Contamination of Groundwater

    The object of hydraulic fracturing—creating pathways for natural gas trapped in deposits of shale to reach the surface—is precisely what makes the chemicals and fluids used in the process difficult to contain. Fractures in the rock which allow natural gas to escape and be recovered may also serve as pathways for fracking fluid to travel. Indeed, the fracking fluid often continues to migrate along these pathways even after the process of fracturing is completed, due to the high levels of pressure at which the fluid is injected in the first place.   This is especially problematic when manmade fractures in the rock extend into shallow rock areas used by humans for water resources, or connect with natural flaws in the rock which are linked to underground reserves of water, which not only allows methane to migrate into potential sources of drinking water, but also the chemical mixture used for fracturing itself (see Figure 14) [74][75]. Another way in which fracking fluid or methane might leach into ground water is through the failure of a well casing. Contamination of surface and ground water is a great concern when fracking wastewater is spilled accidentally, when it is improperly disposed of, and when it is allowed to reenter the water cycle without significant treatment.  Some researchers also argue that produced water, post-treatment, ought not to be released into surface waters for fear of contamination of aquatic environments, and increased environmental toxicity [76].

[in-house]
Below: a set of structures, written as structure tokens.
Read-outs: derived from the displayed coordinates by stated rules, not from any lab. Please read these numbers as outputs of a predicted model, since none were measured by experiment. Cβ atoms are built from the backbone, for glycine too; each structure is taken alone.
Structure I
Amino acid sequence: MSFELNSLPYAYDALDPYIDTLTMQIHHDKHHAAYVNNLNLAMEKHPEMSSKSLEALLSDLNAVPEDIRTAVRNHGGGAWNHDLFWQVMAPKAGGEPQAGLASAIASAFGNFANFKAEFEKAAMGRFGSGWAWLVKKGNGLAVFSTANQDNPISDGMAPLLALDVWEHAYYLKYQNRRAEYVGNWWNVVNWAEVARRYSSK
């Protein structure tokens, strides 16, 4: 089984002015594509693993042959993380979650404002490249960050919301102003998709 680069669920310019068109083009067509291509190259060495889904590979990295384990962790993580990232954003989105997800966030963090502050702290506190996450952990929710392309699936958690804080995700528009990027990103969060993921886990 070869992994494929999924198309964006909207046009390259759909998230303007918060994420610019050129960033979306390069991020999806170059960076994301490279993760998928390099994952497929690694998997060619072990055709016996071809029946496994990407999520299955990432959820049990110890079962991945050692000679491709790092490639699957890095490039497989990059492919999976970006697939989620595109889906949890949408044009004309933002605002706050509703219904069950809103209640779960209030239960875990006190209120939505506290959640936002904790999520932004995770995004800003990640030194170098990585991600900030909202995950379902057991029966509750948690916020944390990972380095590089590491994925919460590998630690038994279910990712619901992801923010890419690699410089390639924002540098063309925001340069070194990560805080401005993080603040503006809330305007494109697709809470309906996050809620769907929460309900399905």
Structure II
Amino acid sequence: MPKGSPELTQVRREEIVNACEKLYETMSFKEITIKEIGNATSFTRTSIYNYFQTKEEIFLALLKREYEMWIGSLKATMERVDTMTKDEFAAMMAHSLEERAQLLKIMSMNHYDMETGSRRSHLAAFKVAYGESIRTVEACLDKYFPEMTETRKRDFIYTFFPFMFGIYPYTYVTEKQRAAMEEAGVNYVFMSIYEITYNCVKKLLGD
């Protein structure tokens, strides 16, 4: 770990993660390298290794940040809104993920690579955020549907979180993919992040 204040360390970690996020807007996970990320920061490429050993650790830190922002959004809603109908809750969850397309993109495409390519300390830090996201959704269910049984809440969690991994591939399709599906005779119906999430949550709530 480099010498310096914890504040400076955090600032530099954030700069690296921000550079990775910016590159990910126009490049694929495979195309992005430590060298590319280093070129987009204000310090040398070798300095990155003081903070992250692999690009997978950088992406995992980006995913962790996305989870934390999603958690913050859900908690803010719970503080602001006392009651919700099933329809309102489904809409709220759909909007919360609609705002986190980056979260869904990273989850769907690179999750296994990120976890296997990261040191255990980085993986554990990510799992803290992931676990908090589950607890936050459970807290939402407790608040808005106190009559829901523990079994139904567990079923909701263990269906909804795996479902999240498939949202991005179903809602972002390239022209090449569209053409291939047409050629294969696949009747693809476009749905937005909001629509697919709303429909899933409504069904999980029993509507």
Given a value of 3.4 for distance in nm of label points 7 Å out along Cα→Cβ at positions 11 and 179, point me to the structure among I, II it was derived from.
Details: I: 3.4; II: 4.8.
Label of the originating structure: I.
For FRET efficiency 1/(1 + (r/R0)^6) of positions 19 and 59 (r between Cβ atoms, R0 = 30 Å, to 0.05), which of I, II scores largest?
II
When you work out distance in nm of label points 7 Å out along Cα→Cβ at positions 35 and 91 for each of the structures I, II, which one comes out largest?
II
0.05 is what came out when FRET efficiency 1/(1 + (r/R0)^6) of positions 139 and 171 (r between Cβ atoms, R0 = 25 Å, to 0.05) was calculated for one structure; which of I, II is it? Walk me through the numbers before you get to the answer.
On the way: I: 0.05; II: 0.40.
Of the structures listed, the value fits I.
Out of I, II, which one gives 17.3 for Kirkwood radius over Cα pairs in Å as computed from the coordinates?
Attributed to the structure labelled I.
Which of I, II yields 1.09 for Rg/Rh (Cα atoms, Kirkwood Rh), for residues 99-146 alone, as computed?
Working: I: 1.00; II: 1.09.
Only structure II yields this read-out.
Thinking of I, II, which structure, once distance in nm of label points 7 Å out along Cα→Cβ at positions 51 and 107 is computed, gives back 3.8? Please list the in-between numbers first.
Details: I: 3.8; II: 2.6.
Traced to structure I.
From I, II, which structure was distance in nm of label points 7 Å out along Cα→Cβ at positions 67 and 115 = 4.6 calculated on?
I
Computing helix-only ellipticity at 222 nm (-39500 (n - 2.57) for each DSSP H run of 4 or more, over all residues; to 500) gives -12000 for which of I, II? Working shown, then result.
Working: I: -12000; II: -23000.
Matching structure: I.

how fracking works

Figure . Pathways for fracturing-related water pollution [133]